Darth Maul: Son of Dathomir #4

Darth Maul: Son of Dathomir #4 (of 4)

Writer: Jeremy Barlow
Penciller: Juan Frigeri
Inker: Mauro Vargas
Colorist: Wes Dzioba
Letterer: Michael Heisler
Cover Artist: Chris Scalf

Warning: This review contains minor and major spoilers.

Darth Maul: Son of Dathomir brings a climatic conclusion to Dark Horse Comics’ last Clone Wars storyline. With Darth Maul, General Grievous, Mother Talzin, Count Dooku and Darth Sidious all pitted against each other in a massive battle, it’s an impressive send off. But the big question for fans is: who will live, and will die? If you want to remain spoiler free, don’t read any further, simply take heart that this is a really nice end to the series and well worth checking out.

Before we delve into the heavy spoilers, lets start with the artwork. Of the four covers in this mini-series, this one is easily my least favorite. Chris Scalf put out some really awesome covers for Son of Dathomir, but this one is just a little too cartoony for my liking, and the layout is rather odd. The inside artwork is very inline with the rest of the series. It continues it’s cartoony style without matching the style of The Clone Wars, yet also staying away from anything to realistic. There are a few good panels and close-ups, but there’s a lot to be desired. That said, I was very impressed with the panel that had green witch magic leaking out of Dooku’s raging, possessed eyes. It’s easily the best scene in the issue.

Where this issue really shines is the story. There’s not much in the way of filler here. Maul and Dooku quickly make their way to Dathomir and meet up with Mother Talzin. Hot on their heels is Darth Sidious and Grievous. There are a few scenes showing the Black Sun, the Pikes and one of Maul’s Mandalorian followers, and while those scenes could be seen as filler, they directly tie-up the loose ends of Maul’s criminal syndicate without taking away from the big fight scene.

Now in the show, we saw some pretty epic duels. One of the best came fairly late in season five when Darth Sidious took on Darth Maul and his brother Savage Opress. Rather than redoing that battle and having Sidious fight Maul again, this issue does some things I hadn’t thought about. It manages to pull out some surprises, spin a fight that manage to capture my imagination and impress me despite the fact that it’s just a two dimensional page, and set a high bar for The Clone Wars storytelling. Fair warning, I’m going to dig into some serious spoilers.

First off, we see Mother Talzin possess Count Dooku. This ties into an earlier episode of The Clone Wars where we saw Talzin attack Dooku from a distance with her green magic. The story also fills into some plot holes by explaining her mysterious insubstanialness. Often we would see her mysteriously disappear in the show. Thankfully, we get an answer for that. When she possess Dooku, I thought we might get a chance to see Dooku and Sidious fight. Instead, the story decides to showcase Sidious’ skill, and he quickly dispatches the possessed Dooku. Meanwhile Maul and Grievous fight a little. Then Sidious and Talzin really face off, launching Force lightning at each other. Maul joins in to give Force support to his mom, while Dooku hurls lightning at both. It’s a stalemate broken by Grievous in a very emotional scene that had me finally cheering for the often cowardly cyborg. At long last, we see him doing something deadly again.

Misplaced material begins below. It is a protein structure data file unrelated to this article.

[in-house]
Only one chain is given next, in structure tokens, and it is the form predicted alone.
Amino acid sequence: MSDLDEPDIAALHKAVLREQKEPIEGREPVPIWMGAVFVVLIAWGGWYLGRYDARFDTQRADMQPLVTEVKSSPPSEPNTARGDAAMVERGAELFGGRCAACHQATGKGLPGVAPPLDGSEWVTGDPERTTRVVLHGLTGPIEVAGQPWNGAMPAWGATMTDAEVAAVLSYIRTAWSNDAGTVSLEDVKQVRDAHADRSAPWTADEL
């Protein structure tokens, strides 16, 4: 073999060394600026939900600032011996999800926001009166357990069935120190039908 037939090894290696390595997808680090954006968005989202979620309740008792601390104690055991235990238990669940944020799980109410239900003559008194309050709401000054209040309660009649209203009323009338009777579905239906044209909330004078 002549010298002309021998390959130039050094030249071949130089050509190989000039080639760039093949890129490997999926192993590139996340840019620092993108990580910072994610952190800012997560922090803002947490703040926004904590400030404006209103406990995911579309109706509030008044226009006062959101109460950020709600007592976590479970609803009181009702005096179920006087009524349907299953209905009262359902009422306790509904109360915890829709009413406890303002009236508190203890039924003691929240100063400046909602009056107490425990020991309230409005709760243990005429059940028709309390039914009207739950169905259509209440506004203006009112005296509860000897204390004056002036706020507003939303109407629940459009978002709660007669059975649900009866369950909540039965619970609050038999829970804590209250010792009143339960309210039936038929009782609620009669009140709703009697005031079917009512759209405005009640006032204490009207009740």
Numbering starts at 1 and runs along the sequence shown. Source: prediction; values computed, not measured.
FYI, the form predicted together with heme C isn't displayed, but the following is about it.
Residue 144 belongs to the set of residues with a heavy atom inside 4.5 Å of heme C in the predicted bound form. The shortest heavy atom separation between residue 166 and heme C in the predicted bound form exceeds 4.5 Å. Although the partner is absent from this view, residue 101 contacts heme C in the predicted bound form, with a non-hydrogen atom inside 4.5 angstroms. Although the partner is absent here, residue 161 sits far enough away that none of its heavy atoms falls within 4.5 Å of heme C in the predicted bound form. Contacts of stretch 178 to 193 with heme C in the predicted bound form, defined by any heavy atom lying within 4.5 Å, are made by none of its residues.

Sealing all that together is some very poignant and fitting dialog. Sidious has some really good lines in this issue, and that certainly made up for his odd appearance (he looks a lot like a warlock). Maul is pretty good, and Dooku has some nice lines as well. It all comes together to heighten the story. However, the story does do something a little controversial. Rather than finally laying out Darth Maul’s fate, they once again leave it open and hint that it’s all a part of Sidious’ master plan. I have to admit, I’m really glad they didn’t kill Maul off. He’s too good of a character to throw away when they don’t have to. Leaving him out there for future storylines is as much a gift to fans as bringing this TCW story to life.

While I’m not a big fan of the interior artwork for this series or this issue in particular, they still bring the story to visual life. Enhanced by the dialog, and back by a strong storyline, Son of Dathomir pulls off a really entertaining adventure. The tension, the surprises, and the fights in Son of Dathomir #4 had me enjoying every page. In the end, it pulled it off, thus I give it a four and half out of five metal bikinis.

Reviewed By: Skuldren for Roqoo Depot.

2 Comments »

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  1. I was pissed at the ending…until I read your review. Now it makes sense that Maul escaped. For future stories, although I seriously doubt that his storyline will continue. At least they left that option, but I think Sidious is right in saying, “His future is erased.”

    The one line that made this entire series, hell ALL OF STAR WARS worth it, “No matter how many times you fail, you never learn this lesson, Maul…There is only one plan, one great design, which shall govern the universe…MINE!”

    Sidious doesn’t want Maul dead. He wants to tame a dog. He teaches Maul that no matter what Maul may accomplish in life, he will never be a Sith, but will always submit to their authority and acquiesce to their plans.

    Also, it’s nice to see why Sidious nonchalantly has Grievous and Dooku killed off in Episode III. He really had no use for either of them. The war ended, he had his clone army in place, and Grievous would just be a liability, which come to think of it, Grievous should have anticipated. Dooku just didn’t cut the mustard.

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